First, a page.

Even before the pandemic hit, women were reportedly flocking to real estate for the flexible arrangements it offered, finding the ability to work around competing commitments a huge incentive in joining the field.
A 2019 study from the Workplace Gender Equality Agency reported a steady increase of women joining the real estate industry over the decade, up to 48.5 per cent from 43 per cent 10 years prior.
Since then, one network said that shifts in lifestyle and family priorities have only further encouraged female participation in the industry.
Raine & Horne has reported on its attempts to play an active role in growing the ranks of female real estate professionals, highlighting a number of initiatives they’ve instituted to even the gender balance across the business.
The network recognises that gender diversity among staff often starts as a trickle-down effect from the top. By ensuring that 50 per cent of the senior management team is made up of women, the brand feels that they’re creating a culture that feels hospitable to those looking to not only join the firm but climb the ranks.
“It’s important to set clear pathways for career development for women, to get an idea of what their career could look like in leadership or high performing sales agent roles,” said the network’s national head of growth Tina Ashton.
Ms Ashton noted she’s speaking from firsthand experience.
She herself started in a sales role in 1996 before becoming the licensee at a Central Coast office. From there, she moved into the corporate world in 2014; she has served in various roles, including as a network manager.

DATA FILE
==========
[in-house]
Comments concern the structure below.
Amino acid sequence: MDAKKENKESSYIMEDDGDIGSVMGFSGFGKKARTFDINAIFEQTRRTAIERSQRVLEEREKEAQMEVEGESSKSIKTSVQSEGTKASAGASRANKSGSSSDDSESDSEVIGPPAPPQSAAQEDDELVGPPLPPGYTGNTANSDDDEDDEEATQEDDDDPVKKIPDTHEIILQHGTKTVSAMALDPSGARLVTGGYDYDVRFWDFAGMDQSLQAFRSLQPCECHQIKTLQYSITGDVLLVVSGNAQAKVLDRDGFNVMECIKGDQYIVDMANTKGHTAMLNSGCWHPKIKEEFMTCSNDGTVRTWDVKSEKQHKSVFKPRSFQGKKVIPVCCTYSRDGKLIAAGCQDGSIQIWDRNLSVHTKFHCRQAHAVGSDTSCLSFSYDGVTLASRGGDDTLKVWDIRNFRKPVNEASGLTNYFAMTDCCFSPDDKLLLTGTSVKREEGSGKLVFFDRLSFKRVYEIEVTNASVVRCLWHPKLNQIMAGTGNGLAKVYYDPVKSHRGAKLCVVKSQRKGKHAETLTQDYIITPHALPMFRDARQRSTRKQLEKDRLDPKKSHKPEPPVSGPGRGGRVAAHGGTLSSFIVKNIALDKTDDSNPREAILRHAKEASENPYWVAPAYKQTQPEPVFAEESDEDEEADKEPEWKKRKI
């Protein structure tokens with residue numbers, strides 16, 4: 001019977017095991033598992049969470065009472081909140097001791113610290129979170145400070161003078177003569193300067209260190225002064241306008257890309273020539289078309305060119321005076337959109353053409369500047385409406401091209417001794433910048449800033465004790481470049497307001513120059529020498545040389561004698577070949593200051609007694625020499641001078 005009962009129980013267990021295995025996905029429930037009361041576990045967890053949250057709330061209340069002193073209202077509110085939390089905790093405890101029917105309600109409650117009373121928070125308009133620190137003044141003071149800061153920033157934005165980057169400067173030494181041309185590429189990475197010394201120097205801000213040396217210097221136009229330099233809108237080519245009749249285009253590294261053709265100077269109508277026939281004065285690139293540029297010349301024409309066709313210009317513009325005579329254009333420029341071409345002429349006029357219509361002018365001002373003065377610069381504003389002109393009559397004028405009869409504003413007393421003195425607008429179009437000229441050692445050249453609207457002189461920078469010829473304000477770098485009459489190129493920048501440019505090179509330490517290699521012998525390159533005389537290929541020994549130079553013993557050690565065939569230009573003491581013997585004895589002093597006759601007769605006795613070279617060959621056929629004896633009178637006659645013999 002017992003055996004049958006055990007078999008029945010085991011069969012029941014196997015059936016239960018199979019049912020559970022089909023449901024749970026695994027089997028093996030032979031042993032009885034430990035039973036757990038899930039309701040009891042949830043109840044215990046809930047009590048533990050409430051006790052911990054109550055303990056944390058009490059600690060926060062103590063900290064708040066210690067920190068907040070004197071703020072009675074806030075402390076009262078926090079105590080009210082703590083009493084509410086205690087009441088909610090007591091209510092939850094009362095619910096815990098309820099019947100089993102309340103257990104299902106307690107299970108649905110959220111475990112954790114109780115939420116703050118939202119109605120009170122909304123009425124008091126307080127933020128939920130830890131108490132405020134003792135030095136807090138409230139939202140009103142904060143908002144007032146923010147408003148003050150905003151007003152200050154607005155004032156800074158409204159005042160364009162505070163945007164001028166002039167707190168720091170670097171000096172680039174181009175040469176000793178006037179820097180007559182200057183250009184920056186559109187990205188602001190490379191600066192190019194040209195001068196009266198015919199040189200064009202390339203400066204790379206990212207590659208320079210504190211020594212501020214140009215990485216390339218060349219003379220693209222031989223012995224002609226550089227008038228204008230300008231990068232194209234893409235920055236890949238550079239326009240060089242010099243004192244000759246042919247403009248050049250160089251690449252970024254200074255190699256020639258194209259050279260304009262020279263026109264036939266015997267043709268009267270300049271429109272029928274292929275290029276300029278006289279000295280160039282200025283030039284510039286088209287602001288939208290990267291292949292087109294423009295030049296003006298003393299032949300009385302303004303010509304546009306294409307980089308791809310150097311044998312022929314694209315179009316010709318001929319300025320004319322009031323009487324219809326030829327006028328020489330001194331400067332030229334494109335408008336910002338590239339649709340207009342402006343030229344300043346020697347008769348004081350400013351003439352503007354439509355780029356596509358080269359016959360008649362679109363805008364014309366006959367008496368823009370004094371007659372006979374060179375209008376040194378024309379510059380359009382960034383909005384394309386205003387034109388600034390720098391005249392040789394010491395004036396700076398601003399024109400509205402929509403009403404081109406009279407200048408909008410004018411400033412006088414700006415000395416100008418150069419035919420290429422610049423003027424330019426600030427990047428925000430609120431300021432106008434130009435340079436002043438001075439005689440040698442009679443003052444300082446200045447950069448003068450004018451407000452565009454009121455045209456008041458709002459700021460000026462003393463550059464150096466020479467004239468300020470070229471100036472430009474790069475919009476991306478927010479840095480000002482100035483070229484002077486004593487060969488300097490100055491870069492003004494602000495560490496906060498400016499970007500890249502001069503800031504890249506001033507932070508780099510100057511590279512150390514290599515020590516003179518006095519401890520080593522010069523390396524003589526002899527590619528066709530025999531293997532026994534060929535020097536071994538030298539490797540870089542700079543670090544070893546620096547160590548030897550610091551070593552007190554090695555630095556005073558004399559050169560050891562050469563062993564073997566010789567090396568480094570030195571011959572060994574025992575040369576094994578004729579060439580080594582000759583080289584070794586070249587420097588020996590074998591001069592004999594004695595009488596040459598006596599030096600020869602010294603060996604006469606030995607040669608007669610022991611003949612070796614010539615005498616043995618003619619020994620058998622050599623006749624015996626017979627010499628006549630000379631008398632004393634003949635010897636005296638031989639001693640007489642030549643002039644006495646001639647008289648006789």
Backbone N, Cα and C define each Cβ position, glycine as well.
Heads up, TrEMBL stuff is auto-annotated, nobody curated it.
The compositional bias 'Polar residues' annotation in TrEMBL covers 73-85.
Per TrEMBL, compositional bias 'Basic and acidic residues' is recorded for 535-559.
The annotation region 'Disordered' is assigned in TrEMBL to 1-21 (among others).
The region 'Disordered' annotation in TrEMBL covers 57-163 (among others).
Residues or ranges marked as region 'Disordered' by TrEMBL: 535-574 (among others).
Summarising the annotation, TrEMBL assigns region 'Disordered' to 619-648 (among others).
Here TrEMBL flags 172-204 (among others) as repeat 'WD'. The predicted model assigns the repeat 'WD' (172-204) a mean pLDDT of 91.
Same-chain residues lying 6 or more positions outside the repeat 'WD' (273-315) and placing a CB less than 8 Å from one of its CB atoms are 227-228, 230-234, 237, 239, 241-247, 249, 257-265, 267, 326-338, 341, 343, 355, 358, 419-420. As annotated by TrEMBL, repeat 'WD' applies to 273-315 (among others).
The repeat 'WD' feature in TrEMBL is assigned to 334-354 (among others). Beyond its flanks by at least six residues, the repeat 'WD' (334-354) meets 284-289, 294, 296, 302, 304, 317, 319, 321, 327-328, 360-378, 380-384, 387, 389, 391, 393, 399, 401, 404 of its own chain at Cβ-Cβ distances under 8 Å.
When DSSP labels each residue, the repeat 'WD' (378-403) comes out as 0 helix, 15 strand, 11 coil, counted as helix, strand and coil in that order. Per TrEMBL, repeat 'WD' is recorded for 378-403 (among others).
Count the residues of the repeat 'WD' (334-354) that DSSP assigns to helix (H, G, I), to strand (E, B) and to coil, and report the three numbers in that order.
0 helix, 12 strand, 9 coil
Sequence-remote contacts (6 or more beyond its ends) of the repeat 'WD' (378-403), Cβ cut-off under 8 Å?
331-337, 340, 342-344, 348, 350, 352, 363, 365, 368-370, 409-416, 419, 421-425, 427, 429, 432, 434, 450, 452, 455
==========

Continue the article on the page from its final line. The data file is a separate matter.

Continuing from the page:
Ms Ashton emphasised the need to make space for women in all segments of the industry if the company is to truly consider itself working toward gender parity.
“There are a lot of opportunities well beyond the clerical roles that women were traditionally assigned to in real estate,” she noted.
Seeing its reputation as a family-owned and operated company as paramount to its values, Raine & Horne described the need to evolve to welcome more women into the workforce as something of a responsibility.
“Raine & Horne’s values have underpinned this drive for equity in the network, recognising that the nature of family has shifted, and a workplace needs to cater for that,” the network said in a release, citing a desire for women to “no longer have to see family as a barrier to a successful career in real estate”.
Current member Casey DeMichele can attest to finding the balance she was seeking under Raine & Horne’s banner.
The South Australian agent who operates in the Murraylands region welcomed her first child recently and has found that freed from the perspective of seeing her mothering commitments as a hindrance, she’s been able to see — and even sell — its benefits to potential clients.
“I spend a lot of time getting to know my vendors, as buying, and selling a home can be an emotional thing, well beyond just the numbers.
“I’ve built up a great client base who have found my empathy and me being in the depths of family life to be a selling point,” she said.
“Real estate is a great career in that it allows for flexibility in how we work.”
Jasmin Turpin of Raine & Horne Coomera emphasised, however, that there are still prevailing attitudes that need to be countered.
Due to her age and gender, the agent said that “people often underestimate my skills, experience, and determination”.
She was motivated to seek a university degree to gain more credibility among her peers.
But for her, being a part of an industry that she’s passionate about has been its own reward.
“The efforts I have gone to have just reinforced how much I love real estate,” she said.